Maclaren aiming to be van Marwijk’s go-to man for goals

Socceroos FIFA World Cup hopeful Jamie Maclaren insists his self-belief has never foundered as he embarks on a sprint which could see him break the tape in Russia.

Jamie Maclaren

Jamie Maclaren celebrates after scoring for Hibernian Source: Jamie Maclaren Twitter

Six months worth of "anger and frustration" coalesced in an eruption of exultation as Maclaren fired his first goal for new club Hibernian against Rangers at the weekend, in what doubled as an audition for new Socceroos coach Bert van Marwijk.

After two previous cameos off the bench, on-loan Maclaren reaped lavish praise from coach Neil Lennon as he starred as a seventh minute substitute, capping off an eye-catching performance with the ice-cool spot-kick finish.

It sealed a 2-1 victory for Hibernian in front of a crowd of 49,986 at Ibrox in the land of Maclaren's ancestors.


For the ex-Brisbane Roar goal machine - starved of game time at parent club SV Darmstadt - it was, as he put it, "the perfect moment to get back to what I love doing, which is scoring."

"I love the big occasions and when the penalty was awarded I just ran straight to the ball," Maclaren said.

"I blocked out the huge crowd and just put my laces through it. It's a feeling you can't explain, and it was long overdue.

"I'll never lose confidence in my ability in front of goal but if you'd told me two months back I'd join Hibs and score the winner against Rangers I wouldn’t have believed you.

"Hopefully it will remind people I'm still here, and still scoring goals, and hopefully I can kick on from here and enjoy this last half of the season with Hibs.

"I feel like I have unfinished business ... I have a lot of energy and a lot of motivation to succeed here after a frustrating few months (in Germany)."

While his desire to add to his five Australia caps runs deep, Maclaren, 24, isn't letting a maiden Hibs goal go to his head.

"It’s premature to be talking too much about the Socceroos because the squad (for next March’s friendlies against Norway and Colombia) is still a month away," he said.

"I need to be playing and scoring to be even considered. I've always thought if I'm doing well I'll be a good chance of selection because I bring a different aspect to the team in terms of going forward.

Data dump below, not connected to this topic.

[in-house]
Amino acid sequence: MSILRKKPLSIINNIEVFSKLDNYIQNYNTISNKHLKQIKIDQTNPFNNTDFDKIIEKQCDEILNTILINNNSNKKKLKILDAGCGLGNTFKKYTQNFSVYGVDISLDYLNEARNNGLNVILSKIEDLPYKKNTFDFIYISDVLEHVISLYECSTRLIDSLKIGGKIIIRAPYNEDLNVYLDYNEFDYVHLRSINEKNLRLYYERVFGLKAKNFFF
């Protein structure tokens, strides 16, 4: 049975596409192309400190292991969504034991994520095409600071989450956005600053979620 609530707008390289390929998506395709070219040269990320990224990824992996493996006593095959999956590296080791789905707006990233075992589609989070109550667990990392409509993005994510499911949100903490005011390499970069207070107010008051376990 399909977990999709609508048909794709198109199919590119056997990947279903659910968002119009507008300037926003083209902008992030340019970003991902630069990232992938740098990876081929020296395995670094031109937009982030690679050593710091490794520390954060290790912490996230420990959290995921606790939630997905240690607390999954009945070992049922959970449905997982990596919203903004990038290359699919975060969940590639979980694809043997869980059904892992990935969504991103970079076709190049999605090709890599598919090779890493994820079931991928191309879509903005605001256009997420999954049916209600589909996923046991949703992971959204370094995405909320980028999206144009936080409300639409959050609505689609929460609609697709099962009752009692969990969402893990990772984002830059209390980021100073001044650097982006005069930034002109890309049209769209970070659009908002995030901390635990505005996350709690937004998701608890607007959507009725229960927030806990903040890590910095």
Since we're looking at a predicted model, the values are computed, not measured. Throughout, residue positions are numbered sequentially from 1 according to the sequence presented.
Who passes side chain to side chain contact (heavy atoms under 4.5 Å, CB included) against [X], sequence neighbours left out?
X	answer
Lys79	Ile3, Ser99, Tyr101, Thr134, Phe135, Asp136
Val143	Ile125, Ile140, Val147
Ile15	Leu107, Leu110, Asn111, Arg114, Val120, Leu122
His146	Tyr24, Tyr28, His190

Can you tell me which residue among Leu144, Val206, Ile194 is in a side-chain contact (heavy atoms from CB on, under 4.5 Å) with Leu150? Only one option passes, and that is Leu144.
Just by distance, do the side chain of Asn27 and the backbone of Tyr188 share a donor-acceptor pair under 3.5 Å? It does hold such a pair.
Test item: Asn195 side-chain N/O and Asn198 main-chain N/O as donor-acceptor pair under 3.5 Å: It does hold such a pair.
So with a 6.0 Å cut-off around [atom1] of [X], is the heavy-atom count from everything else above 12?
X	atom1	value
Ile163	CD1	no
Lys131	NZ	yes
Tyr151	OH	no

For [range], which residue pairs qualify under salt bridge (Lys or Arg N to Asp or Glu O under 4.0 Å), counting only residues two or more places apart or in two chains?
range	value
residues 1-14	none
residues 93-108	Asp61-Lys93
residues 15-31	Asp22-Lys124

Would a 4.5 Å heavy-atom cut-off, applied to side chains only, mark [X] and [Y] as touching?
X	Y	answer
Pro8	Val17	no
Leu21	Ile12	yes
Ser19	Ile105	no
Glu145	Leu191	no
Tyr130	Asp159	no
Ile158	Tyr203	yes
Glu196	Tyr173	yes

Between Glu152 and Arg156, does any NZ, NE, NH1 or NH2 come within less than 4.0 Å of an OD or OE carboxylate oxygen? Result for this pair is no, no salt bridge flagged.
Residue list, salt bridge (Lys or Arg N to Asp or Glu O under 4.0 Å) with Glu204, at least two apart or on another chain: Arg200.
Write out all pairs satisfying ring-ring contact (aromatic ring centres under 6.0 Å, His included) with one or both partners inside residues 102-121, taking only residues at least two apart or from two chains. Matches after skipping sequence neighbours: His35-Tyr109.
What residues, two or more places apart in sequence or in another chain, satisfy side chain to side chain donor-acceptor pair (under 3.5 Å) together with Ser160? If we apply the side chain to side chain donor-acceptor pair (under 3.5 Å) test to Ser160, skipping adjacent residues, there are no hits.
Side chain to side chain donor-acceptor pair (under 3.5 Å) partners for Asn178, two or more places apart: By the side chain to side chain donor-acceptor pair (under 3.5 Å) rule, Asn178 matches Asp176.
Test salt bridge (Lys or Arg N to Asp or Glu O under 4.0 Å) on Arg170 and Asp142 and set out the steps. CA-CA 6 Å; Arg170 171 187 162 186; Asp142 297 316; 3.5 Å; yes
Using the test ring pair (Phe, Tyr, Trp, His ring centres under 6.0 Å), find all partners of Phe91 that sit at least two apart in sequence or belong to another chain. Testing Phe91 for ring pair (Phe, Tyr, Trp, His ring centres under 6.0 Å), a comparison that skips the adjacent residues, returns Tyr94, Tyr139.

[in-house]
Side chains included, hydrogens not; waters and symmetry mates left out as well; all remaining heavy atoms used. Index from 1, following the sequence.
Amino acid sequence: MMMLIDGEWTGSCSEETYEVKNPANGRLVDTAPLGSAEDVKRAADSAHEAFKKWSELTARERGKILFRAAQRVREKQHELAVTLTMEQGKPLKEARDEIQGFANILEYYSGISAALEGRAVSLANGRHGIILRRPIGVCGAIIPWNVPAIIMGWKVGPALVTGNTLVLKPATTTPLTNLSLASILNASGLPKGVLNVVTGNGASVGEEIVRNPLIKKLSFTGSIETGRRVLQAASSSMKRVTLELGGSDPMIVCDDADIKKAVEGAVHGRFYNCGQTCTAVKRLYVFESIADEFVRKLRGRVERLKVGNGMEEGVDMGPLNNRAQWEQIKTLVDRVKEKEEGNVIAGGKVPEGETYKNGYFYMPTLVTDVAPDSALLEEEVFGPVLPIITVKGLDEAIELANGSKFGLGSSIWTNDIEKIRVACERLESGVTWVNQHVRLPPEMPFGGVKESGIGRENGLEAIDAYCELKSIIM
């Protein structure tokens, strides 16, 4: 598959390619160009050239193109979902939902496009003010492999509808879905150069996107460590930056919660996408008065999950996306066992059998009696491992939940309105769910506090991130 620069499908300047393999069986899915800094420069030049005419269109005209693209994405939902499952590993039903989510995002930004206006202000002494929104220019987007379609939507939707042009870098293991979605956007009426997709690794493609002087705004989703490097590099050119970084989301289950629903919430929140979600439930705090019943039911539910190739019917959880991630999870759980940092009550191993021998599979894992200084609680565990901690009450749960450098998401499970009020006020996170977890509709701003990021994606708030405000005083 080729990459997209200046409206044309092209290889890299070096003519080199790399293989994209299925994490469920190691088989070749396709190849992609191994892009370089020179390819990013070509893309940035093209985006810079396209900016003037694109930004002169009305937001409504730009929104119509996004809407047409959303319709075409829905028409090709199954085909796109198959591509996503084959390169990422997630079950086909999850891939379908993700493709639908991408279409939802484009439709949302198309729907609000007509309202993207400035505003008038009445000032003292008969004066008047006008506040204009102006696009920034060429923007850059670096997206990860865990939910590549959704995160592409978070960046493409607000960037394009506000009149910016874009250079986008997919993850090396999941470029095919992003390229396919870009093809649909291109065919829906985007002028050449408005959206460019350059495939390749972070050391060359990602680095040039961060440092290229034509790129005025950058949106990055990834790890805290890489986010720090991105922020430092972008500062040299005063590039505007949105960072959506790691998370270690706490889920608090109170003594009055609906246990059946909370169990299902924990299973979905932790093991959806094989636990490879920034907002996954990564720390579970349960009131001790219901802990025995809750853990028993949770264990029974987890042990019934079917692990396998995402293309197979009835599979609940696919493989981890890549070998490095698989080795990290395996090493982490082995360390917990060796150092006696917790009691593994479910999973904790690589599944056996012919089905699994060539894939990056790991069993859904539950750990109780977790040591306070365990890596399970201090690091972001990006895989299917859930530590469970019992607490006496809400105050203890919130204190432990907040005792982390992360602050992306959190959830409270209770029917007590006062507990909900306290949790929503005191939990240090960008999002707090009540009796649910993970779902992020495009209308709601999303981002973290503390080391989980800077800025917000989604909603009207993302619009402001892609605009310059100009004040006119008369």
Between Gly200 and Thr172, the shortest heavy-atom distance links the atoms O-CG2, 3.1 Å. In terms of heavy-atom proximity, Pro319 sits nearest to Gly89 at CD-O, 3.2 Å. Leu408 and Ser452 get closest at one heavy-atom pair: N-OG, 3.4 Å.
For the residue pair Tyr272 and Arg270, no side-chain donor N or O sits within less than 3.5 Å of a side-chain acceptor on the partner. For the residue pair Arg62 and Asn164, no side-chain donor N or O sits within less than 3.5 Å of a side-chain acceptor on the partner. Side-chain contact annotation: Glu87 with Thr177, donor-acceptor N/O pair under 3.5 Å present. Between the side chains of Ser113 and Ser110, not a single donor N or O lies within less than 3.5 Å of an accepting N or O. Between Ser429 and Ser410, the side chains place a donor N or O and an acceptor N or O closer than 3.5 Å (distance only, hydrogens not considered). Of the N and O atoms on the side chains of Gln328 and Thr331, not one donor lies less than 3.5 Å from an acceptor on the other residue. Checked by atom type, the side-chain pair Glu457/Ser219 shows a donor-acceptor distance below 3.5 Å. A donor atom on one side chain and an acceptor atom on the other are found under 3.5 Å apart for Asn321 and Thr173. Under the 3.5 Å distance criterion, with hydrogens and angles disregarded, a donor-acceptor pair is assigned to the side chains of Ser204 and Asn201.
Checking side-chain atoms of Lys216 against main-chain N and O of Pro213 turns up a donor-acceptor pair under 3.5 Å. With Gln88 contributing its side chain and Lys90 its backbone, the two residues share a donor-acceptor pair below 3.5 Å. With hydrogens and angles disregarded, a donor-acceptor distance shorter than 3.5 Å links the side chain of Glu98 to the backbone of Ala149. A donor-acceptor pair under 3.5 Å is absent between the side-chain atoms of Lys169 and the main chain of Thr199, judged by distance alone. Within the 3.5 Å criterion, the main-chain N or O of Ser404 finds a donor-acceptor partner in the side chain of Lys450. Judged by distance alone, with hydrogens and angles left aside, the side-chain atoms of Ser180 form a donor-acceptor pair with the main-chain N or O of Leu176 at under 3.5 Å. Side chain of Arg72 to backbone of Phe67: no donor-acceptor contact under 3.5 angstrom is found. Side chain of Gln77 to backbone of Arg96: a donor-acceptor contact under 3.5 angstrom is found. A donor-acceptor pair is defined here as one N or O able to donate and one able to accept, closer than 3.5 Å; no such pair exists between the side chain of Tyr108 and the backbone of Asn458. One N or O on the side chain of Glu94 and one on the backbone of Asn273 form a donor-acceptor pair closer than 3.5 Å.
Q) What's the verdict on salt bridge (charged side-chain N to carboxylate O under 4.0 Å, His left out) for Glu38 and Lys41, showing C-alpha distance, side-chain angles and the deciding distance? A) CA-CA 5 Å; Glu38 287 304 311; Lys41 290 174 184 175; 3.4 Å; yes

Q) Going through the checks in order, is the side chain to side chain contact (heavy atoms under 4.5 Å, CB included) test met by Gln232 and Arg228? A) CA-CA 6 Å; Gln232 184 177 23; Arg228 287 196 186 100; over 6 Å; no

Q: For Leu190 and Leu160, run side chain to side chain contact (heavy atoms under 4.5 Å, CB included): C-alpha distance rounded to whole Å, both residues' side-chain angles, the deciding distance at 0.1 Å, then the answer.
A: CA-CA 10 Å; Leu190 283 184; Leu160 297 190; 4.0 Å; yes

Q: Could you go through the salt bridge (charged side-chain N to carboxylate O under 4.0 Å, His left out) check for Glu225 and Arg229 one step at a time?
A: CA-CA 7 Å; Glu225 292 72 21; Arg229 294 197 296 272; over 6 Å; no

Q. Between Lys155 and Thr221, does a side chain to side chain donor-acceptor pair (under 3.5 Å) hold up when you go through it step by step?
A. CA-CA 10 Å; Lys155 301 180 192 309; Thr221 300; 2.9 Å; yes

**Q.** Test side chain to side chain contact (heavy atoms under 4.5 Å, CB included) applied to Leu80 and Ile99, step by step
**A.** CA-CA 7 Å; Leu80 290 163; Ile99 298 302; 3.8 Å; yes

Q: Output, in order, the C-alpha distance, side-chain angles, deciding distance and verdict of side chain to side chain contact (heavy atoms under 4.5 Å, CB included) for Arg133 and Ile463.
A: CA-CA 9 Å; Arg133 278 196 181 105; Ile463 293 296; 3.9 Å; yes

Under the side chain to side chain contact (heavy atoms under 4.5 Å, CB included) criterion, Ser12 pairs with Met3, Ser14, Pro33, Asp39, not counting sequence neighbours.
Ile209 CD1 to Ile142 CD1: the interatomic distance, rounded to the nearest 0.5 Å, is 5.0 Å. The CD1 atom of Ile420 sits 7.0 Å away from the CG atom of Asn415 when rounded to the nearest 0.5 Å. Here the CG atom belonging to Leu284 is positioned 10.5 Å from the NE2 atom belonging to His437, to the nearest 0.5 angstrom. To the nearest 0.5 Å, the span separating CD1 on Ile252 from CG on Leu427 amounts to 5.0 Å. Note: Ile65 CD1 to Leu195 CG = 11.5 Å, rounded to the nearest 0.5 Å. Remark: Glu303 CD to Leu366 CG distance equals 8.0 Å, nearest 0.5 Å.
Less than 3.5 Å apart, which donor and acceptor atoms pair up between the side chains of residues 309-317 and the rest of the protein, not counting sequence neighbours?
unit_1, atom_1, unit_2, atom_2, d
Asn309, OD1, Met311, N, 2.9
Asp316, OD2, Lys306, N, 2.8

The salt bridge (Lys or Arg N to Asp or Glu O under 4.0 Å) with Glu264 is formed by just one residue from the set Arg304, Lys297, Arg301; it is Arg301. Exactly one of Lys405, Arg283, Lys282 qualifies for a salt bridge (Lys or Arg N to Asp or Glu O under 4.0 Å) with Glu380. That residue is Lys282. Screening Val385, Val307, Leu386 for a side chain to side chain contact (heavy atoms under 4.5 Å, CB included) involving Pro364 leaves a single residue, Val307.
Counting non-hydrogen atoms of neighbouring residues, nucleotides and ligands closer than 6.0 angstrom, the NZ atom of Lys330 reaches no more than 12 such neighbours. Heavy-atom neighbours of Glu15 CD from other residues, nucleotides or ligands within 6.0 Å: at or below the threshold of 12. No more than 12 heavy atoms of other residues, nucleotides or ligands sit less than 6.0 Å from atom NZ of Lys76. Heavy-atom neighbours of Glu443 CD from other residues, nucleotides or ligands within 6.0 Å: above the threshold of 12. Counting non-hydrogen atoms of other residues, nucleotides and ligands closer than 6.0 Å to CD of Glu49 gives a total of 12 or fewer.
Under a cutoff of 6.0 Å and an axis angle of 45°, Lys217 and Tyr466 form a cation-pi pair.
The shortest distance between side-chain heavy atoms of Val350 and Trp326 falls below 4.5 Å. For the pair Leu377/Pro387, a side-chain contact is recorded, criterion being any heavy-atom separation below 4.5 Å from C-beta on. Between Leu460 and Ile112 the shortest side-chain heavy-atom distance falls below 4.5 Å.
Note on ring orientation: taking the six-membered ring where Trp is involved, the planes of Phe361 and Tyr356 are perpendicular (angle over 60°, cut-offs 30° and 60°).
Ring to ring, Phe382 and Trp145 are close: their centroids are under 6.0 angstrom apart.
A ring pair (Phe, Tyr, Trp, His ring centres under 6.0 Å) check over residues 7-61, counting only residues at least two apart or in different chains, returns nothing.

"I'm a born goalscorer. It's what I live and breathe. Hopefully I can impress the new boss, keep scoring goals, keep myself in the headlines and keep fit."

Used sparingly by ex-Socceroos coach Ange Postecoglou, Maclaren views van Marwijk’s arrival as a "clean slate".

"I was in and out of Ange's squads and there's now even more of an incentive to go out and do well, so I'm always in the back of the boss’s mind," he said.

A fit and in-form Maclaren offers another attacking dimension for Australia, who leaned heavily on the aging Tim Cahill and Swiss-based Tomi Juric under Postecoglou.

Maclaren, who represented Scotland at youth level before opting for the green and gold, describes being in Edinburgh as a "home from home".

His dad, Don, was a junior with crosstown rivals Hearts and grandad, Donald, is lifelong Jambos fan.

His family ties run deep in the city, with relatives in abundance. All of whom are Hearts fans.

Maclaren sees linking up with former Celtic boss Lennon, who coached Tom Rogic while at the Hoops helm, as a good fit with fourth-placed Hibs chasing a European spot.

"He wears his heart on his sleeve, is hard but fair and sets the bar high with his standards," Maclaren said.

"He's trying to drive us on to complete with the big boys in Glasgow.

"I like working under him and now I have showed him I can score goals and step up in the big moments I’m sure we can work well together."

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4 min read
Published 6 February 2018 at 11:11am
By Dave Lewis